To encourage young people to enter religious life, he opened 9 alumnates in France, in addition to Belgium, Chile…

In 60 years, 3000 priests joined the Church.

In 1872, he was asked to organize a pilgrimage to La Salette.

In 1873, he organized a pilgrimage to Lourdes; many pilgrims came from different countries, and it continues to this day.

In 1882, he organized a pilgrimage in Jerusalem, 1000 people came. New communities would open there as a result.

In 1876, French society was against the Church; no more religious classes were held, and many religious congregations were expelled from France.

A magazine called “Le Pelerin” was founded and distributed weekly, to inform people about God.

In 1880: “La Croix” is established, and distributed every day, criticizing religious persecution.

In response to the violent, anti-religious forces that were tearing crucifixes from classrooms walls and preventing crosses from being placed as gravestones, Father d’Alzon proudly used the crucifix as the symbol of the magazine.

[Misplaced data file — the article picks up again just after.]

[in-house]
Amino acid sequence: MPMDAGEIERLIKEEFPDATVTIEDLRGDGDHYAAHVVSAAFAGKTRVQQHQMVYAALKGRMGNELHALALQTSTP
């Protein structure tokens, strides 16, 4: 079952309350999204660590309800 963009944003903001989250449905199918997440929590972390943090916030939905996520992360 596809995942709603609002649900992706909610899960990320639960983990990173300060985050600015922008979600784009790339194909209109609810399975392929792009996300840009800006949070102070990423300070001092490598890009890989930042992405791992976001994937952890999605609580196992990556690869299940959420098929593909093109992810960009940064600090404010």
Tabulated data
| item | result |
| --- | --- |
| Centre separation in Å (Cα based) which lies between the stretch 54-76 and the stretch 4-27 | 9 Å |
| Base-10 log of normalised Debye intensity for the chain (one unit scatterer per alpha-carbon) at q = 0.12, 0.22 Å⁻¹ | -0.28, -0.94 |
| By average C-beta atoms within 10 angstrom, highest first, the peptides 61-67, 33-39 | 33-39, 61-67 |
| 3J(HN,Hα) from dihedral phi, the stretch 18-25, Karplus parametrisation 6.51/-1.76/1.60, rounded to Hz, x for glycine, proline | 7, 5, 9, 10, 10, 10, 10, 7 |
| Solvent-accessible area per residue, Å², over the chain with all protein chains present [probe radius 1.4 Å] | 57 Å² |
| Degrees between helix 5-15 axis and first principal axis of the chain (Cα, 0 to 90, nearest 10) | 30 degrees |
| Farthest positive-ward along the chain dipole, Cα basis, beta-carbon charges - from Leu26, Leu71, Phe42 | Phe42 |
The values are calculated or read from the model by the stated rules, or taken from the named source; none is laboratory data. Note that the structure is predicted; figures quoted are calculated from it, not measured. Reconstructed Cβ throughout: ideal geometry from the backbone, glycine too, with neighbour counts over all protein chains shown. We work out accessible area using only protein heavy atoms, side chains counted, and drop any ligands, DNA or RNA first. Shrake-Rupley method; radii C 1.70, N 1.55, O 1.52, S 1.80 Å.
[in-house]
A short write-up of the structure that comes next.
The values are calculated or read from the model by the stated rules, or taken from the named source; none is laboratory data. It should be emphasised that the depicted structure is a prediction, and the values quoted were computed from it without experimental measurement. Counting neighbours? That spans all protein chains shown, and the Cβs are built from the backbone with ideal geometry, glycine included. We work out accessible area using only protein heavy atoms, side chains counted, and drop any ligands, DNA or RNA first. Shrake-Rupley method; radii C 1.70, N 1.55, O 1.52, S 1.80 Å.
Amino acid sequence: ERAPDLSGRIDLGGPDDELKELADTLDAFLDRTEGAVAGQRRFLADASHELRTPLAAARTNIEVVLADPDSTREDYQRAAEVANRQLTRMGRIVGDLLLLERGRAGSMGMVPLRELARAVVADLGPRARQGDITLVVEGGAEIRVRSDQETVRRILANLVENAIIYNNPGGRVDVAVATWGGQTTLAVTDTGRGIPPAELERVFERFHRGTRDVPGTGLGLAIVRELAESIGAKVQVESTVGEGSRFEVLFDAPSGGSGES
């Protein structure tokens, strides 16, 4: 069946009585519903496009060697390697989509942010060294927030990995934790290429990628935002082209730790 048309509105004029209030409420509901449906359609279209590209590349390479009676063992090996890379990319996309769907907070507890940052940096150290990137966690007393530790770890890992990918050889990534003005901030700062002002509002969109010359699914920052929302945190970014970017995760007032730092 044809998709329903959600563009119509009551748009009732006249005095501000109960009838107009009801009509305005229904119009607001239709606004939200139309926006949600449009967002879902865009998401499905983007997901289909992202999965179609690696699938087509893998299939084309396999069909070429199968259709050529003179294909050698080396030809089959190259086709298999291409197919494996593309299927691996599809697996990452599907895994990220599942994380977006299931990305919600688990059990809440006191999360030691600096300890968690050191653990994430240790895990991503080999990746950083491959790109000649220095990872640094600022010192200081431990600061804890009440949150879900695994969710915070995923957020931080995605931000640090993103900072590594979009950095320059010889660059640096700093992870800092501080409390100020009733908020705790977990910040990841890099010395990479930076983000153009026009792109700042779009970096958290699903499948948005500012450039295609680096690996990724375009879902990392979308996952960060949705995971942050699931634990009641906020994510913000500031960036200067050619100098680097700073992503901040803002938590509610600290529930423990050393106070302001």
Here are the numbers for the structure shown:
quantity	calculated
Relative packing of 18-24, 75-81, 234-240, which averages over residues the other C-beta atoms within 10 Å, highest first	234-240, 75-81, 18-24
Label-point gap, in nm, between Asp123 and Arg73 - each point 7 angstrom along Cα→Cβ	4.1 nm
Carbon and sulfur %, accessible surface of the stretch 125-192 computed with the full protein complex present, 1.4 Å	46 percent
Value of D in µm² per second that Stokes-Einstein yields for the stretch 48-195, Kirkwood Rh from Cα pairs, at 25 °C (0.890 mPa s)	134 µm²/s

The expulsion of his religious order from France was imminent, he started planning their evacuation to Spain and England. Police forced the religious order to vacate Francis I street.

Visiting the novices in Spain, Father Picard had an accident, sustaining a permanent leg injury.

“He had complete control over himself and his initial reactions. Father Picard was quick by nature, but from the day he injured his leg, he fully accepted the life of dependence that he had to live for 21 years. He never complained nor let it be known that it bothered him in the least as he went about his duties as Superior General. He remained calm, serene, abandoned to the will of God, attentive to use anything that might make him practice mortification. Alone or in the company of others, he remained the same... he was at peace, troubled by nothing”. (Testimony of Father Andre Jaujou, 1910)